It is so often seen as a challenge that teams have to deal with; something negative that must be avoided at all costs. But that’s just not realistic. Conflict will happen and we should be open to it and learn from it.
As long as cooperation is the primary outcome, conflict can be used as a productive, positive energy. Unfortunately, for the large part, conflict is usually understood as a behavior that impacts negatively on staff and a department’s productivity.
The real cost of conflict in the workplace
Conflict is actually a menace that is devouring our resources and restricting business growth.
A study published by CPP Global found that employees in the US spent 2.1 hours every week dealing with conflict, equating to around $359 billion in paid hours, the time adds up to 385 million working days wasted.
What causes workplace conflict?
For business to combat this level of disruption, they need to address it head on, but to do this effectively, managers need to know the key causes.
According to the CPP report:
- Half of employees surveyed (49%) feel personality clashes and ego confrontations constitute the main cause of workplace conflict.
- Leadership, or lack of it, is also seen as a significant element in generating conflict at work.
- Three in ten employees (29%) see conflict arise from poor leadership at the top of the organization, with around a quarter (23%) saying that poor line-management is to blame.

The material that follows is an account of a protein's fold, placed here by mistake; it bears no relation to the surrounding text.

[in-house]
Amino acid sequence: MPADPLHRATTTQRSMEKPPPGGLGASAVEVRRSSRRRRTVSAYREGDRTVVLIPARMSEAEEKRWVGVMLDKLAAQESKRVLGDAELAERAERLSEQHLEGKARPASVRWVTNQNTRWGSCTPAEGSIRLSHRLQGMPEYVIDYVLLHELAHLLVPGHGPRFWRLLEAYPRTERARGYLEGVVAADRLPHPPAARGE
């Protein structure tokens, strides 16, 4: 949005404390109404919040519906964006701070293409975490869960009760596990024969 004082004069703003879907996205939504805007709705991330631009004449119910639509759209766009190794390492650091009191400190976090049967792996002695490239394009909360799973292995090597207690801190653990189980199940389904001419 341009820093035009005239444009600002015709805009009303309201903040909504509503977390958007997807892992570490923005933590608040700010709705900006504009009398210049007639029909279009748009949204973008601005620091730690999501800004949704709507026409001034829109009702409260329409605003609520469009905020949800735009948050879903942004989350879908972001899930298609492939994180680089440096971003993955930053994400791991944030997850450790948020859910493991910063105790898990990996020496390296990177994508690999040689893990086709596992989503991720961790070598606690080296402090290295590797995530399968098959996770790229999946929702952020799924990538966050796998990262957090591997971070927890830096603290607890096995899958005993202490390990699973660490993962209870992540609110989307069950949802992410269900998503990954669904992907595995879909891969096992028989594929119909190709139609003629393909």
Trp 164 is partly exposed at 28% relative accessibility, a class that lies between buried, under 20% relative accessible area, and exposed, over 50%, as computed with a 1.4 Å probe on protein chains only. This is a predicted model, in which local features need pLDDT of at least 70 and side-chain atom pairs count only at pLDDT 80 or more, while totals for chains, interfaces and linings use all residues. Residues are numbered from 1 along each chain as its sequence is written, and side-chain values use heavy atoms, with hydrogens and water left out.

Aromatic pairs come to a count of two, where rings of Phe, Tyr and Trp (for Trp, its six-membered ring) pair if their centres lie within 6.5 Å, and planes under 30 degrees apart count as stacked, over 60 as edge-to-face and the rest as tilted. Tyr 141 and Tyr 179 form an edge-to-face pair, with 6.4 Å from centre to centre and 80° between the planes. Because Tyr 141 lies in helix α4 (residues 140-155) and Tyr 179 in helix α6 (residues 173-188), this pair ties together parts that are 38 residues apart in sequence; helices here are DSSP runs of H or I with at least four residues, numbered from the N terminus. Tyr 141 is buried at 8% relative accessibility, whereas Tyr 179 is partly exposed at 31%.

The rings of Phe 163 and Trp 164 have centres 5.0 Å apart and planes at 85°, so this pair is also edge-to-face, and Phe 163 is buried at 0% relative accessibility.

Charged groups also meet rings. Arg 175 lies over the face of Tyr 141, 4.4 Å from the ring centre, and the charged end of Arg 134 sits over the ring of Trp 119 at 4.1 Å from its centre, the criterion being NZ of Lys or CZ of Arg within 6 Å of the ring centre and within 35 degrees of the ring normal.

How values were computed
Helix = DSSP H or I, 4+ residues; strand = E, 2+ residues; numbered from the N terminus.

Richard Thompson, director of research for CPP, states that similar personality traits between individuals can actually be problematic, as opposed to facilitating good relationships. Thompson’s recommendation is to strive for a personality balance in workforces. When this isn’t possible, businesses should turn to training to help managers and other employees deal with conflict successfully.
Terry Sember, author of Bad Apples: How to Manage Difficult Employees, Encourage Good Ones to Stay and Boost Productivity, looks back to the hiring process for answers. He suggests asking interviewees directly about why they left their last job, why they left the job before that, and to comment on their relationships with former colleagues.
From the CPP study, 54% of workers surveyed said that managers had to take the lead on conflict management, through knowing their team’s personalities well so that they can stay alert to potential traits that could turn into flashpoints for conflict.
2. Poor communication
Differences in communication styles, or simply a failure to communicate at all can both cause conflict. Therefore, communication should be incorporated into every element of staff training.
Try to forge an open communication culture in the workplace by encouraging employees to talk about work issues, and provide an official forum for this to take place. Berkeley recommends regular meetings as a good way to enable staff to air how they feel about certain decisions and to forward their own ideas in a way that openly garners support from colleagues.
3. Speed of conflict management
Nipping problems in the bud is crucial. Failure to deal with disputes – for whatever reason – can lead to issues escalating.
Research from CIPD finds that 16% of employees have experienced a workplace conflict that had become more intense as a result of it not being resolved quickly. However, the responsibility of conflict management lies on the shoulders of the entire organization, and not just with the line manager.